9 January 2014, 11:25

Americans with less education have shorter life spans - research

Americans with less education have shorter life spans - research

Americans who have never finished high school are now sicker than ever, and have much shorter life expectancy rates. In fact, those with no high school diploma are expected to die nine years earlier than someone with a college degree. A strong link between health and education are more significant nowadays versus how they were looked at previously according to a policy brief by the Virginia Commonwealth University Center on Society and Health and the Robert Wood Johnson Foundation.

Even though the life span in the US is on the rise, Americans who do not have a high school diploma are facing much turmoil in terms of their health. Life expectancy has dipped down for Caucasians, especially white women who do not have 12 years of basic schooling. On top of it all, if low rates of education are present then it usually means higher amounts of diseased and disabled people, thus placing a lot of pressure on a person’s mental health.

Americans that are 25 years of age with no high school diploma are statistically expected to pass away nine years earlier than college graduates would. One vivid illustration of how the land of the free is being affected is by looking at the level of diabetes. By the year 2011, the amount of diabetes had gone up just 7 percent in college graduates versus 15 percent in adults that had not graduated from high school.

Research noted in the policy brief points out that being educated does not only increase the life expectancy rate, but also saves money and makes for a more productive economy. People with very little education face higher medical expenses and are not as productive in the workplace—indicating that poor education is pricey for employers by and large.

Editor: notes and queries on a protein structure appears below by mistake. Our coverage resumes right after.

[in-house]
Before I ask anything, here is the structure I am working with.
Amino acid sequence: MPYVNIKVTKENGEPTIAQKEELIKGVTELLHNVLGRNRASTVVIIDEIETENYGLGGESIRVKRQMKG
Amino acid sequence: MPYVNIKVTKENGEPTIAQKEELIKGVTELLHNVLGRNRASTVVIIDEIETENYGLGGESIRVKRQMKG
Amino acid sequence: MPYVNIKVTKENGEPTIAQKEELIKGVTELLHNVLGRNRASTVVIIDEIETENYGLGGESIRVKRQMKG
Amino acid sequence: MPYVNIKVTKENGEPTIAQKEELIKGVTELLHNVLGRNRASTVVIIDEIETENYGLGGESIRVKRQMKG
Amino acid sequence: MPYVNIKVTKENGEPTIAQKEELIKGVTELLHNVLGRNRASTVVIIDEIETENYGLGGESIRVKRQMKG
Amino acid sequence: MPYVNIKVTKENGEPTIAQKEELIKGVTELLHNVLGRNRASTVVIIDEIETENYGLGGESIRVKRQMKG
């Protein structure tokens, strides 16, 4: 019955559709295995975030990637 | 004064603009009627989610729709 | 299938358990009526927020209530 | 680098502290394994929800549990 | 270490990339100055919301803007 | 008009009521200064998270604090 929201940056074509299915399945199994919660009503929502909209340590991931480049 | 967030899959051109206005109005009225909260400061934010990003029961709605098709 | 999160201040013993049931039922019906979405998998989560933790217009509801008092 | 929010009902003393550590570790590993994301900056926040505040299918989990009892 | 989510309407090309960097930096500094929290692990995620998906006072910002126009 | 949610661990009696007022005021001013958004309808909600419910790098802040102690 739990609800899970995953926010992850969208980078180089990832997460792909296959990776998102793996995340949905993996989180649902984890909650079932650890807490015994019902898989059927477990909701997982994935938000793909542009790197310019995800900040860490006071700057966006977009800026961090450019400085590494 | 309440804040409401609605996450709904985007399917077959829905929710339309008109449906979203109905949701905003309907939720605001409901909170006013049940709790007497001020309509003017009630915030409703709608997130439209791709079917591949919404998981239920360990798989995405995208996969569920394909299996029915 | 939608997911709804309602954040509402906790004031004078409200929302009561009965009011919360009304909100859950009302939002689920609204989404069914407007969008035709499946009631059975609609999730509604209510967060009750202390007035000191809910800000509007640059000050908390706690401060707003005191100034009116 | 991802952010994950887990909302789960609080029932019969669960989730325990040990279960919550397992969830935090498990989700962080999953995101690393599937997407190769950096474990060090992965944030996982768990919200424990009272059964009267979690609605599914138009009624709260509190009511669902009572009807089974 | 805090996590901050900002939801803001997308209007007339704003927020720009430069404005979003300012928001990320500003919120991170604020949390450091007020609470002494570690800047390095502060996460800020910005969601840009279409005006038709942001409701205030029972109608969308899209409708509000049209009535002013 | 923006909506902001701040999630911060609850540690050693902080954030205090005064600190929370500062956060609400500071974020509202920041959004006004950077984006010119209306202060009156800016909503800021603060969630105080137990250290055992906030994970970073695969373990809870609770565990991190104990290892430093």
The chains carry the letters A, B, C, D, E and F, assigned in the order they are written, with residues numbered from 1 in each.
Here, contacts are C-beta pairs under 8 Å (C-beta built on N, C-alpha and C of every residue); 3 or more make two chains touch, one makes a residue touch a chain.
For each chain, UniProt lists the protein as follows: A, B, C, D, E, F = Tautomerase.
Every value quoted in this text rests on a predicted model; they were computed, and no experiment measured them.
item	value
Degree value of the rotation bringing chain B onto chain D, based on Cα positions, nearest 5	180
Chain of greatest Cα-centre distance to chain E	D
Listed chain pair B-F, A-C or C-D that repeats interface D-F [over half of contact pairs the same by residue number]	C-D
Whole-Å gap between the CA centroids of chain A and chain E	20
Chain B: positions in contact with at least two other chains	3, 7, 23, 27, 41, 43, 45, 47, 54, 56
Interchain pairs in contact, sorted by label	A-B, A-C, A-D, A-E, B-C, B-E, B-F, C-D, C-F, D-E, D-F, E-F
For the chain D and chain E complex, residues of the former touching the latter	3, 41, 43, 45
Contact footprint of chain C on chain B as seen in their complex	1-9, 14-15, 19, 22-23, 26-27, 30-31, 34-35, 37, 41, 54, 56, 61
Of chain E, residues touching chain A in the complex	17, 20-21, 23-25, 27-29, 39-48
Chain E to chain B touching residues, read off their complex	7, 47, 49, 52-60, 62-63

On the flipside, health advantages of a decent education offer greater opportunities to get health insurance, and a much better salary to afford a healthier way of living. "I don't think most Americans know that children with less education are destined to live sicker and die sooner," Steven H. Woolf, M.D., director of the VCU Center on Society and Health said, "It should concern parents, and it should concern policy leaders. In today's knowledge economy, policymakers must remember that cutting 'non-health' programs like education will cost us more in the end by making Americans sicker, driving up health costs and weakening the competitiveness of our economy."

Woolf and his team hope, through the center’s Education and Health Initiative, they can help make people more aware of the connection between health and education. In the near future, the facility will distribute briefs on why investing in one’s education is also an investment on their overall health.

Voice of Russia, Medicalxpress.com

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